Twenty-eight people have now been confirmed as having Legionnaires' disease and another 46 are suspected of having it.


Edinburgh Legionnaires' outbreak: Distillery shuts down cooling towers (BBC News)

Cooling towers have been shut down at a whisky distillery in Edinburgh which is at the centre of an investigation into an outbreak of Legionnaires' disease.
The Health and Safety Executive has served an improvement notice on the North British Distillery for alleged failures to adequately control the risk of legionella in one of its towers.
The company said it had taken its towers offline and halted production at its Gorgie plant as a precaution.

The Scottish government said there had been a further increase in the number of cases.
There were 28 confirmed and 46 suspected cases on Friday, an increase of 13 on the total number.
The North British Distillery, which was founded in 1885 and employs 100 people, is one of six sites being investigated by the Health and Safety Executive. It produces non-branded grain whisky for use in blends.
A number of cases of Legionnaires' disease have been confirmed in people who live and work near the site, which is in the west of Edinburgh beside Heart of Midlothian's Tynecastle stadium.


Health inspectors have served an improvement notice on a distillery close to the site of an outbreak of Legionnaire's Disease in Edinburgh.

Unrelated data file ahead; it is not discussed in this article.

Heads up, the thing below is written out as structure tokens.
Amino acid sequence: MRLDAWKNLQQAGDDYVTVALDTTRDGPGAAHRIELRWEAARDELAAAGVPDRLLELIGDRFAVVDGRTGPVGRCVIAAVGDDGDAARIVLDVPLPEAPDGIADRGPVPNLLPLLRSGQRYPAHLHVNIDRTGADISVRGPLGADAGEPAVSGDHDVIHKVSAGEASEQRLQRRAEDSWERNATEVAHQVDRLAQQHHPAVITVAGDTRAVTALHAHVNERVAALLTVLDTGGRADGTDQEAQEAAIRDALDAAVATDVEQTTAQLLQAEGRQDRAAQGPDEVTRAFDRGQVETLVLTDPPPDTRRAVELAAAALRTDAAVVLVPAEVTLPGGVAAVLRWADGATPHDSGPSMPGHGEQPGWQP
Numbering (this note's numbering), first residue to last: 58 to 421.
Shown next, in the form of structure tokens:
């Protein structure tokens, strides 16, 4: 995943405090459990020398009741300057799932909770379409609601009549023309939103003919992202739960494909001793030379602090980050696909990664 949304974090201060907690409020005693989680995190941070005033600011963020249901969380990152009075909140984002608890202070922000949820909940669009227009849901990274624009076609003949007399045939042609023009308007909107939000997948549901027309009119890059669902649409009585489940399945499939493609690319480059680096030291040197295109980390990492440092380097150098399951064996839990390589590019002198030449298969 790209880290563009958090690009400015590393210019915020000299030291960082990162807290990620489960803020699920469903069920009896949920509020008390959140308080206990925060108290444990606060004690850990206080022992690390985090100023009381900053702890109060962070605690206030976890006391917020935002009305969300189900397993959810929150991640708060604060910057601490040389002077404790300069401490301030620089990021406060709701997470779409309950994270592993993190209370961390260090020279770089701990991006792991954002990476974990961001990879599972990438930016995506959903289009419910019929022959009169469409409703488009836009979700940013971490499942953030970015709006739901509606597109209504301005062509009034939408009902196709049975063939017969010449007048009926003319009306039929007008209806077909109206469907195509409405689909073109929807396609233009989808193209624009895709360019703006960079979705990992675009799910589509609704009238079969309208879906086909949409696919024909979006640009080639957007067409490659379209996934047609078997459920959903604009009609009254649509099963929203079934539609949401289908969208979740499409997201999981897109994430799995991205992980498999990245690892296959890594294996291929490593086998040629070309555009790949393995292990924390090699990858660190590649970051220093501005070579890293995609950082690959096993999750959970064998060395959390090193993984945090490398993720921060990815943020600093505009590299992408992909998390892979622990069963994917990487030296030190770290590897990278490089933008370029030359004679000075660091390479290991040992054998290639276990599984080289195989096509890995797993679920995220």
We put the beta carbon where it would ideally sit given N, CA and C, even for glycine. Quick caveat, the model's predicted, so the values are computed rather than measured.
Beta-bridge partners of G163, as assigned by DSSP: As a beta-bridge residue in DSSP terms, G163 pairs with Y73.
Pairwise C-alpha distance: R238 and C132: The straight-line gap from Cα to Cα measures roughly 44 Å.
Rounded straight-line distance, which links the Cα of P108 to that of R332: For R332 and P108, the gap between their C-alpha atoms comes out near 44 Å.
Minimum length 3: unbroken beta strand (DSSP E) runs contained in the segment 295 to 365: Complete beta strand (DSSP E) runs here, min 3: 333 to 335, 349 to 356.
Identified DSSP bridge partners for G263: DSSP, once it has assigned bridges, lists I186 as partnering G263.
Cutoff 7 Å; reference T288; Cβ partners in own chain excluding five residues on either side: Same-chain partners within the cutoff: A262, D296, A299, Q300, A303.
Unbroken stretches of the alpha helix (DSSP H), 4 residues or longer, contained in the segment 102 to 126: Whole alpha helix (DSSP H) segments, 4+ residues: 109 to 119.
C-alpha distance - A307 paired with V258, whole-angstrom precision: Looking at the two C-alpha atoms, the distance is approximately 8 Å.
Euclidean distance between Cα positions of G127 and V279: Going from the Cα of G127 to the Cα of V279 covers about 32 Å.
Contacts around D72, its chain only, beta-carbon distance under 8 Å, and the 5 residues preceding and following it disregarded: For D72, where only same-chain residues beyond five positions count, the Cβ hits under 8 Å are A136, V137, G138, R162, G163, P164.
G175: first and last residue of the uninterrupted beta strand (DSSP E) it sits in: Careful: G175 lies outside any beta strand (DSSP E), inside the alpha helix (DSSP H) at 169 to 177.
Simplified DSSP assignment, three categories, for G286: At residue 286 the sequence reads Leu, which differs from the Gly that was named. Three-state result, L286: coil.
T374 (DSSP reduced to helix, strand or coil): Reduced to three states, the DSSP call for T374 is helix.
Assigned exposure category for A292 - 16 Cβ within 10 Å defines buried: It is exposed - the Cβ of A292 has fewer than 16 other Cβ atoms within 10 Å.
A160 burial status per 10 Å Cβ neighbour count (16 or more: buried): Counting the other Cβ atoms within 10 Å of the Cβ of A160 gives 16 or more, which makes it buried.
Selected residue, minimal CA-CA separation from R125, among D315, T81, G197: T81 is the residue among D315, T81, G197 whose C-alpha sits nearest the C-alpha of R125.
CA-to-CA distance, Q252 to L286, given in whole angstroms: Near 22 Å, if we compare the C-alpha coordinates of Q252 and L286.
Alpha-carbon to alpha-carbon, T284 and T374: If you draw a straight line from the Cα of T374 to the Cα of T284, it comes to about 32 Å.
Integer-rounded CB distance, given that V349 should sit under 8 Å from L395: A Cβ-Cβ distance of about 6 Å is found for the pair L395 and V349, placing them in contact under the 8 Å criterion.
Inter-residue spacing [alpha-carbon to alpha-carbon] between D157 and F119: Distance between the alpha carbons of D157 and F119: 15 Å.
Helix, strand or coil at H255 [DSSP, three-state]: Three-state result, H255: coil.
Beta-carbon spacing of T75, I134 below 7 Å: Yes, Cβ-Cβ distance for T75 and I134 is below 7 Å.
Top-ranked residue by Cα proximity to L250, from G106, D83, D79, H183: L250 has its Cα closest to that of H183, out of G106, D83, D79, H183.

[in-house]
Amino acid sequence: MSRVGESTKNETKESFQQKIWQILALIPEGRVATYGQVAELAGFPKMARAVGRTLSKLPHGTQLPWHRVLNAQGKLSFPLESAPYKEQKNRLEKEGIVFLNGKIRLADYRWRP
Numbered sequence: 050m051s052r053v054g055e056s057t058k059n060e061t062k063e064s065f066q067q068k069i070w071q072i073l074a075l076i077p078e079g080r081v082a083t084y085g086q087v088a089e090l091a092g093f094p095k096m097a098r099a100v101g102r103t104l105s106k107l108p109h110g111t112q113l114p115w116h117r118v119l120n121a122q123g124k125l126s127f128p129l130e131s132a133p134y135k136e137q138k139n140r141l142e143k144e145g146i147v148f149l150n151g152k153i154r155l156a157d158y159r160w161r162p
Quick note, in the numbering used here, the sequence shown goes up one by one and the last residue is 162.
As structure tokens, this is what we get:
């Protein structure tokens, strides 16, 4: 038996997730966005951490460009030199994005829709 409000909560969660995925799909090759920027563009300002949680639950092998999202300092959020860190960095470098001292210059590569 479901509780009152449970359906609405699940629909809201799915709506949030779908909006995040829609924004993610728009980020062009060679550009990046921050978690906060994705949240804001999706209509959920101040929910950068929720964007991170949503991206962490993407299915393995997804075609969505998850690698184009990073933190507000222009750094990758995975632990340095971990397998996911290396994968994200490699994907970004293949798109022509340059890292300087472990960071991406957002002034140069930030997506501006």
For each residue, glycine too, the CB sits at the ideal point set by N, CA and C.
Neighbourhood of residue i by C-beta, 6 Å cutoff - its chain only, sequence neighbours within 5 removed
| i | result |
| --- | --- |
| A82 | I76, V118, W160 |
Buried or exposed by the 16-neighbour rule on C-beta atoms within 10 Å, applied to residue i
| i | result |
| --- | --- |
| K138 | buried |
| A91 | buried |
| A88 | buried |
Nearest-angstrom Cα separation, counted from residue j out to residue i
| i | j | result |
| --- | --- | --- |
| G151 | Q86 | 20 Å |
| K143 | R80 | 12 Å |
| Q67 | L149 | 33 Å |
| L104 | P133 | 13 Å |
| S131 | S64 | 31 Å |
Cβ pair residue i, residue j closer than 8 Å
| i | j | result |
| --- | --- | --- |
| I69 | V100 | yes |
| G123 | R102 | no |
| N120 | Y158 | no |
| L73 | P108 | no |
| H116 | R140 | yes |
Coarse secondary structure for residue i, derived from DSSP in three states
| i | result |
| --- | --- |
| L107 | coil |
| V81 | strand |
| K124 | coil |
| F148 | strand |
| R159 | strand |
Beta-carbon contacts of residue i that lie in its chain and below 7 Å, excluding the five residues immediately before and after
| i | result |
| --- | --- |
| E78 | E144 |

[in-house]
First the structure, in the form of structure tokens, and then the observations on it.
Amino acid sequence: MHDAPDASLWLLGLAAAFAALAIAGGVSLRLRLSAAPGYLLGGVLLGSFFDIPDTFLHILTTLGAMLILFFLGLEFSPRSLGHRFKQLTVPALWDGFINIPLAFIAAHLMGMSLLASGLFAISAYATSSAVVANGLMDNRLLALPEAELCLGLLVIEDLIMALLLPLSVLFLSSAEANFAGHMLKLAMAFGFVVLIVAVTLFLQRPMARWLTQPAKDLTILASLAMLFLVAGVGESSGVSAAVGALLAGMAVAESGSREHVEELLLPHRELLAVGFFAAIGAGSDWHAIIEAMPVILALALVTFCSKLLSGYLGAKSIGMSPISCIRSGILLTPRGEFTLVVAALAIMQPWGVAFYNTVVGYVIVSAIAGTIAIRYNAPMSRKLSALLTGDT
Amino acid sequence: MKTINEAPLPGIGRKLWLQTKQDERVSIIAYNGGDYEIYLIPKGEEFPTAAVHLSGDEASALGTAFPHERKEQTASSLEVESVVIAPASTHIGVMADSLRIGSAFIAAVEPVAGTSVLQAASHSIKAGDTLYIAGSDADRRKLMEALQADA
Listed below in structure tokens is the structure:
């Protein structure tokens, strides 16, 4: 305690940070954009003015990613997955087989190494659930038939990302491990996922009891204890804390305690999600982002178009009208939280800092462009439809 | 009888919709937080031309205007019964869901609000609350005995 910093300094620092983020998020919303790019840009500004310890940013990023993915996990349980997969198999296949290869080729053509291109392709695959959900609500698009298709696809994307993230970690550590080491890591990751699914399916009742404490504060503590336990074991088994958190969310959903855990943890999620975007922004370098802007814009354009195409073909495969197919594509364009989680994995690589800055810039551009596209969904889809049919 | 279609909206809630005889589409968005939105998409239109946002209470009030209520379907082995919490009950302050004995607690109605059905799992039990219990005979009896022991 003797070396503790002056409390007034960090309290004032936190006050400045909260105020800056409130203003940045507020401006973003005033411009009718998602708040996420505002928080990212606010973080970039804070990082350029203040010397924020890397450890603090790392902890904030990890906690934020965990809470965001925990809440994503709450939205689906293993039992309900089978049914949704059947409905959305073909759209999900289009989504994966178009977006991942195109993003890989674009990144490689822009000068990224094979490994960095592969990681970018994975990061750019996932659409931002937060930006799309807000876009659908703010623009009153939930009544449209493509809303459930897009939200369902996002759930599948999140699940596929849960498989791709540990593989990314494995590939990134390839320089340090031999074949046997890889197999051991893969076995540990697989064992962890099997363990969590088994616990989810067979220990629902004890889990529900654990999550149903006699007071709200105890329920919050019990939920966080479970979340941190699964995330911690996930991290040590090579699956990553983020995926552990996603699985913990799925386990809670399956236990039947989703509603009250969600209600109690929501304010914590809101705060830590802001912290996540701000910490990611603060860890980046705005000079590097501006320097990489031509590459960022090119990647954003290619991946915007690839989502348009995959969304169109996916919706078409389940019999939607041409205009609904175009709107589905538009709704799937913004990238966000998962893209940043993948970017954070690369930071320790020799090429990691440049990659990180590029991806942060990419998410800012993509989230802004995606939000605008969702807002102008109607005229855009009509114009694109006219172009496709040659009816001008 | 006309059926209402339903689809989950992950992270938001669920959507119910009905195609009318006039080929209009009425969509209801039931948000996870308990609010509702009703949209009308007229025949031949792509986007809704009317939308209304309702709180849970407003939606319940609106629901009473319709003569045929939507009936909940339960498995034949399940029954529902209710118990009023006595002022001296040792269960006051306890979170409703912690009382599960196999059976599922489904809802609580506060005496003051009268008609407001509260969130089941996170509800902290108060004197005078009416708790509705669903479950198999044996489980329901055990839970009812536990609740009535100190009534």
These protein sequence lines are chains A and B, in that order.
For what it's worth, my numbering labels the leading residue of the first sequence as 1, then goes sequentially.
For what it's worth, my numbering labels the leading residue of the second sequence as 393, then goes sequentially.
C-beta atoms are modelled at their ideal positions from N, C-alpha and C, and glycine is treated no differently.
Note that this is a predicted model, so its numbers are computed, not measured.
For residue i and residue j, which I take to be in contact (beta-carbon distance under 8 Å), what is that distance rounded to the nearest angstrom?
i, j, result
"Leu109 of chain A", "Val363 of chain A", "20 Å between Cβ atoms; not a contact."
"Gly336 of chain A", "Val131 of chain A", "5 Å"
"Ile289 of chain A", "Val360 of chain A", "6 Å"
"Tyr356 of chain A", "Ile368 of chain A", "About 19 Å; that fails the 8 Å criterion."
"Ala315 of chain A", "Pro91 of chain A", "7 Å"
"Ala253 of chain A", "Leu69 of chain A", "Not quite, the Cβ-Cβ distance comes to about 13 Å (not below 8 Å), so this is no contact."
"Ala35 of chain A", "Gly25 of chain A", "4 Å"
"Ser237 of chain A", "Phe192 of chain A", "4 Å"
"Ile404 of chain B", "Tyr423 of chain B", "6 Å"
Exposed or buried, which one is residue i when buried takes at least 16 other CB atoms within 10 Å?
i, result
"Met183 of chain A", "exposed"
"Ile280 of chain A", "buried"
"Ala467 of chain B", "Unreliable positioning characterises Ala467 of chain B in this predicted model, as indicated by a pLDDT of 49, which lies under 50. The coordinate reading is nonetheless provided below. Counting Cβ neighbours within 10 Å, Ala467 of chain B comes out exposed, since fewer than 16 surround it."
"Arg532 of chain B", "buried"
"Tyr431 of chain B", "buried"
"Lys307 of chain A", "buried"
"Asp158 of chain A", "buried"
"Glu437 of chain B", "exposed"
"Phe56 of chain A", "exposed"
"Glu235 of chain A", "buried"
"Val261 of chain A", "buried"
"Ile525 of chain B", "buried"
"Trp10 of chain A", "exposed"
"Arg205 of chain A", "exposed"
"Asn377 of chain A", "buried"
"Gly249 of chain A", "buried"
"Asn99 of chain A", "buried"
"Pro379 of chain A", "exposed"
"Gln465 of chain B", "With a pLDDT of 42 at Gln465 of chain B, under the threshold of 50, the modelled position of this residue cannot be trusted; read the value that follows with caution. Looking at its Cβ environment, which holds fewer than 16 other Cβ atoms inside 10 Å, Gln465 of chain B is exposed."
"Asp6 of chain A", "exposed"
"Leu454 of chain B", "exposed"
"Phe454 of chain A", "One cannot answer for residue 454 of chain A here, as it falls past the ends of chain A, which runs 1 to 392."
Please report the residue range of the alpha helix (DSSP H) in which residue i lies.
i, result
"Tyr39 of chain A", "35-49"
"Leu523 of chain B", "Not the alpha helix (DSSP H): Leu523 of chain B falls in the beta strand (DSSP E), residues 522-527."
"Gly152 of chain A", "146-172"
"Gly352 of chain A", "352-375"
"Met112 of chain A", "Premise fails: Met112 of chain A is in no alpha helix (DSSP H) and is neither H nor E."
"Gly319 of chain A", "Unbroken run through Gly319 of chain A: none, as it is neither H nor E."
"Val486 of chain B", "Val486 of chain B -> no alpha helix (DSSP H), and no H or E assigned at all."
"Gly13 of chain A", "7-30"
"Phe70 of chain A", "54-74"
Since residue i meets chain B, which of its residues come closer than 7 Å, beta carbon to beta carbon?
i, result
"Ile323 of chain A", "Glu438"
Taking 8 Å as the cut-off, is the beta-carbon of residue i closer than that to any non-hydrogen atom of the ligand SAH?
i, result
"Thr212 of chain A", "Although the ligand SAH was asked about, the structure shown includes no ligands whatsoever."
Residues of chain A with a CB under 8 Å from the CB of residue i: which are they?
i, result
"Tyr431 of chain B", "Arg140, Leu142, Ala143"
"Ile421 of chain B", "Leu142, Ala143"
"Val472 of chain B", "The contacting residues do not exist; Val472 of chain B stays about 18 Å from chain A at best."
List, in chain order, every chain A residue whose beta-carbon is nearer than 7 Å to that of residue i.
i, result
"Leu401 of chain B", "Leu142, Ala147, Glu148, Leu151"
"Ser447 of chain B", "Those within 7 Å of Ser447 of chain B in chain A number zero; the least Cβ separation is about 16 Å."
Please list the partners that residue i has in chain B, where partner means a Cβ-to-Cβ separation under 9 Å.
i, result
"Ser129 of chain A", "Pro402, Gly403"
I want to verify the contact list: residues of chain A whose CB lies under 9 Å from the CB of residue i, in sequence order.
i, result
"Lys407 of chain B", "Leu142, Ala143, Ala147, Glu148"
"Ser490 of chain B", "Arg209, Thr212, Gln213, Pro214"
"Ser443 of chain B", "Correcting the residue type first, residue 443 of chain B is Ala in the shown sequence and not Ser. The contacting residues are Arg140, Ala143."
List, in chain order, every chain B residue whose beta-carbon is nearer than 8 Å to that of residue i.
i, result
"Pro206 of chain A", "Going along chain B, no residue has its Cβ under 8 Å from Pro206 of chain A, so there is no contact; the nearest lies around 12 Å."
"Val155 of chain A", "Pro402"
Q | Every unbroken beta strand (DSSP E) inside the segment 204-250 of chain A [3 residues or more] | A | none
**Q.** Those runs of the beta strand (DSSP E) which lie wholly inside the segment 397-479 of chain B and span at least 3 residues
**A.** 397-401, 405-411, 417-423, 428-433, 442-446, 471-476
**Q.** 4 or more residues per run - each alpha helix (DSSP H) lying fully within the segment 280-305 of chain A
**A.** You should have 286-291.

The Health and Safety Executive stressed that the order, served against the North British Distillery on Wheatfield Road, did not mean that its cooling tower was the definite source of the outbreak.
The improvment notice alleges that the distillery failed to adequately control the risk of legionella bacteria in one of its three cooling towers. The company has shut down all three towers as a precaution.
The total number of cases has now risen to 74, 14 of which are being treated in intensive care. So far one man has died and doctors say they cannot rule out the possibility of further deaths.

http://local.stv.tv/edinburgh/105388-notice-served-on-distillery-close-to-legionnaires-outbreak-zone/





GBC Brasil no Jornal Nacional - 12/06/12

E agora para onde vamos? 

Levaremos a mensagem ao Rio + 20 da importância e oportunidade trazida pelo



setor da construção sustentável ao desenvolvimento da economia verde.

Não percam nesta terça-feira, 12 de Junho, a matéria do Green Building Council 



Brasil no Jornal Nacional.


Equipe do GBCB em sua luta para o desenvolvimento sustentável.





Cooling towers blamed for outbreak of deadly Legionnaires' disease


Cooling towers blamed for outbreak of deadly Legionnaires' disease that has killed one man and claimed 61 victims - and the toll will getter higher

  • Bacteria thought to have been transmitted via droplets of infected water from cloud of gas rising into the air
  • Laborer Robert Air, 56, dies from deadly bug in Edinburgh Royal Infirmary